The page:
This morning as I was standing in the outdoor shower, staring up at the lovely oak tree and swift clouds cruising overhead, I was contemplating the unknown future we’re all facing. The truth is that we’re always facing an unknown future, but lately, it’s so amplified with the unknowns of climate change. And not just the scary unknowns, but the beauty of the Great Mystery we live in. We just. don’t. know…

Learning to rest in that ambiguous, groundless mindstate, while simultaneously feeling intimately the support of this ground, this sandy, green, Wampanoag land right beneath my feet – this sense of “I’m right here” – I feel so very alive and inspired it’s almost painful.


a short poem by Stephen Levine

When I was a teen I worked at an alternative bookstore and I fell in love with the writings of Stephen Levine. A favorite question which I loved because it was like a beautiful slap across the face – woke me right up! – was this: If you knew you were going to die tomorrow, who would you call? What would you say? And why are you waiting???

I am holding this in my heart these days not just about my own life, but about capital L Life.

What if it’s all going?

How do I want to live?

What is mine to do?

How do I want to be here in the time we have left?

What is worth doing whether “it works” or not?

When I ask these questions rather than just circling the drain of the news, I feel less scared and more sacred.
What comes to me is this:

I want to fall even more deeply into an unprecedented, fully embodied love affair with the world.

I want to praise. I want to die having done my best to master the art of praising. I want to fully live into Rilke’s line: “Let us disappear into praising. Nothing belongs to us.”

I want to bring forth as much beauty as possible. I want to appreciate as much beauty as possible.

I want to be kind, and generous, and love so fully it knocks my ego right out of the ballpark. Oh, I really want that.

I want to bring forth my unique version of this embodiment and somatic and awakening and mindfulness work as fully and wholeheartedly as possible.

I want to court the rememberance of ancient beauty ways by listening to my bones, listening to the whispers of my ancestors, the whispers of this living land.

I want to spend less time staring at a screen. More time savoring.

Less time freaking myself out about the unknown future, more time planting trees and seeds and dreams with hopes for their long lives.

How about you?

Stephen Levine wrote a beautiful book some years ago called A Year to Live, the premise of which is the invitation to do an experiment where you imagine it’s your last year to be alive. Your last autumn, your last birthday, your last chance to do and see and be so many things. How would you live? He invites us to do the experiment again and again because one of these years, it will be true. And we may not get to know it in advance.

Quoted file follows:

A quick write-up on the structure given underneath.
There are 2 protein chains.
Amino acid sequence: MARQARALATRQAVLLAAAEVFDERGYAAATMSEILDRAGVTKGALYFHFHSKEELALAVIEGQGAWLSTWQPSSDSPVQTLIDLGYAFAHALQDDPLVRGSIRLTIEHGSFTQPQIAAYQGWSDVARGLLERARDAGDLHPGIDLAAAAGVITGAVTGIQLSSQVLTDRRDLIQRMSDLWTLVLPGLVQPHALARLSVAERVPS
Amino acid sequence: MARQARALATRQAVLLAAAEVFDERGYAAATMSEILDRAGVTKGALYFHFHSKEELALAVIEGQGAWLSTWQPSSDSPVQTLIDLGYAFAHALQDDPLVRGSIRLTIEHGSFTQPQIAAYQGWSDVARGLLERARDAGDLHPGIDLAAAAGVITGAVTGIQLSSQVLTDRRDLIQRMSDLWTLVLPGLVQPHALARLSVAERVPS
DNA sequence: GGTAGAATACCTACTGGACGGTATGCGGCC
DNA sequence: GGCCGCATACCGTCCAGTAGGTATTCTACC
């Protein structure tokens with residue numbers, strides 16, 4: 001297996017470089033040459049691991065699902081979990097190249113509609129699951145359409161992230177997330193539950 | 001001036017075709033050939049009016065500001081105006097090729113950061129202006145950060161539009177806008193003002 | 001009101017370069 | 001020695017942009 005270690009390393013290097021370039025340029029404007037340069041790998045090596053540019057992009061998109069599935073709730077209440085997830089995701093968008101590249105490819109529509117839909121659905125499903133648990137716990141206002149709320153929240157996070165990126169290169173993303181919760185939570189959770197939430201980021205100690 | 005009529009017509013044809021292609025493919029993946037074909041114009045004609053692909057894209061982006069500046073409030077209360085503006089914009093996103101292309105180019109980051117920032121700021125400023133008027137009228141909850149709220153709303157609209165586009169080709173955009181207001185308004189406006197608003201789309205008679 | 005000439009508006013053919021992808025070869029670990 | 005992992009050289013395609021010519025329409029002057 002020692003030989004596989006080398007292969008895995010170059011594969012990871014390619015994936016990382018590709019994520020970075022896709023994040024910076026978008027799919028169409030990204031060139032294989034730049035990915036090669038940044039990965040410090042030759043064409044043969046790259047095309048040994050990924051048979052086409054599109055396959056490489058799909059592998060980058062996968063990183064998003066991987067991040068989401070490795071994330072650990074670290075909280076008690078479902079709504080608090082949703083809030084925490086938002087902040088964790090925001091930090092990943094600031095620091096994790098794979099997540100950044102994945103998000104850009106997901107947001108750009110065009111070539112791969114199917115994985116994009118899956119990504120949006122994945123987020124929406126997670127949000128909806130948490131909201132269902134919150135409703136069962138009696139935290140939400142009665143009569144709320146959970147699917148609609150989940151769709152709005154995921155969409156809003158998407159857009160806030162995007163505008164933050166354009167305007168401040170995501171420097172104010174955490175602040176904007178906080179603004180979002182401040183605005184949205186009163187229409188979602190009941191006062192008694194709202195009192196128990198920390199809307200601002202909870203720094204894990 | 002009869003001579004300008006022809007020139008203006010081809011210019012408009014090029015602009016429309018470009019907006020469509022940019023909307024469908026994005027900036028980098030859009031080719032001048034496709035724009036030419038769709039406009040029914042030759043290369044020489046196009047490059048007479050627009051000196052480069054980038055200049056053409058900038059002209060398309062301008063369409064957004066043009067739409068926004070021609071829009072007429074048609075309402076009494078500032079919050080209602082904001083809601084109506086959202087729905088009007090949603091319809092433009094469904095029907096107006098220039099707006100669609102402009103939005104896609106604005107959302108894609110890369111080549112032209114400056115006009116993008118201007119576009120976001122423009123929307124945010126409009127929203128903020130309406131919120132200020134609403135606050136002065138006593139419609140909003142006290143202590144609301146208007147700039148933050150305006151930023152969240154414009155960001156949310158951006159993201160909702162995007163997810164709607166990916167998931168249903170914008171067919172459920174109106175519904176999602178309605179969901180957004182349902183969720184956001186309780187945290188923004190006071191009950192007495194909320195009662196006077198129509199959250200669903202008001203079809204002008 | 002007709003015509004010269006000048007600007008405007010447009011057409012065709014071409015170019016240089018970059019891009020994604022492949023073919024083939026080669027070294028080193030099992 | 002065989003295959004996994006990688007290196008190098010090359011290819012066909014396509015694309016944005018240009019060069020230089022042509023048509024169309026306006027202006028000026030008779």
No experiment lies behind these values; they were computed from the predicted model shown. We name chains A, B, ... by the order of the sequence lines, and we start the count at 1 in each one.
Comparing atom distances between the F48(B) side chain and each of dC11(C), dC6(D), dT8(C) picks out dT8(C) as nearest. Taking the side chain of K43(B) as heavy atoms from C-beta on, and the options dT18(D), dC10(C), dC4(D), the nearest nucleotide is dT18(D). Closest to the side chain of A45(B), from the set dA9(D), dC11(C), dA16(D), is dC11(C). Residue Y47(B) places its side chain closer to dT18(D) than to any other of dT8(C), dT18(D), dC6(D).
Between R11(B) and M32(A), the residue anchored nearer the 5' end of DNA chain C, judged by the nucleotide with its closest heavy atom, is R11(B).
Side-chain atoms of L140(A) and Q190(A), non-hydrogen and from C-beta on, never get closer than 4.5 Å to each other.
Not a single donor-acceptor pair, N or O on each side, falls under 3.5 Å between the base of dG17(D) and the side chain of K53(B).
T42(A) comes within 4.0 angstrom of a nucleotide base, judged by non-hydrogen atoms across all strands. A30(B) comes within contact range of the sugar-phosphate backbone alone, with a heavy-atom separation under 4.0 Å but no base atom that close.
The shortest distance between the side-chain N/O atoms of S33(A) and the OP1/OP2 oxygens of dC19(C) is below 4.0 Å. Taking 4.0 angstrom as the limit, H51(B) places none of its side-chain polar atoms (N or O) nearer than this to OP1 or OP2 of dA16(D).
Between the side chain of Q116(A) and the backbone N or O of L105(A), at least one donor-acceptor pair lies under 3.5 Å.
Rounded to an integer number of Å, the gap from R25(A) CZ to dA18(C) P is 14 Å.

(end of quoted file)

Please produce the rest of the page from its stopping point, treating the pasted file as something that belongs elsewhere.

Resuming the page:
It’s passing. Pay attention. Everything is a gift and nothing lasts.

And so, how wonderful when the uncertainty in the world wakes me up to remember this truth. It can water the seeds of belonging just as well as watering the seeds of anxiety.
This embodiment is a temporary gig. What a crazy beautiful gift.

This perspective really heightens my sense of purpose. Carl and I have so many good things coming down the pike. Please click here to see our updated schedule of offerings, both in-person and online.

This is Your Time

This is your time.

Your time to say what you have kept silent.

Your time to ask your big questions without apology.

Your time to shine like a blazing comet,

whether they like it or not.

Your time to believe what your heart tells you:

that this world could be very different.

Your time to live by your rhythms,

and teach them to the world.

Your time to nurture your village back to health.

Your time to show the world what it has been missing.

Your time to show the world the other side of itself.

– Tara Mohr

As Paul Hawken says, “You are brilliant. And Earth is hiring.”
What is yours to do?

Please know that:
I care deeply about your happiness.
I care deeply about your suffering.
I wish you well in every way.
Truly.

With love and a thrill at all the possibilities we’ve barely begun to acknowledge,
Erin

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Erin

By training and profession, I am a somatic educator. Over the past 25+ years I have trained in and taught modern dance, tai chi, Indian and Tibetan yoga, yoga therapy (specializing in back pain). I completed a 4-year professional Feldenkrais training in 2007 and a 3-year Embodied Life training in 2014. I also study and work with somatic meditation and the profound practice of embodied inner listening known as Focusing.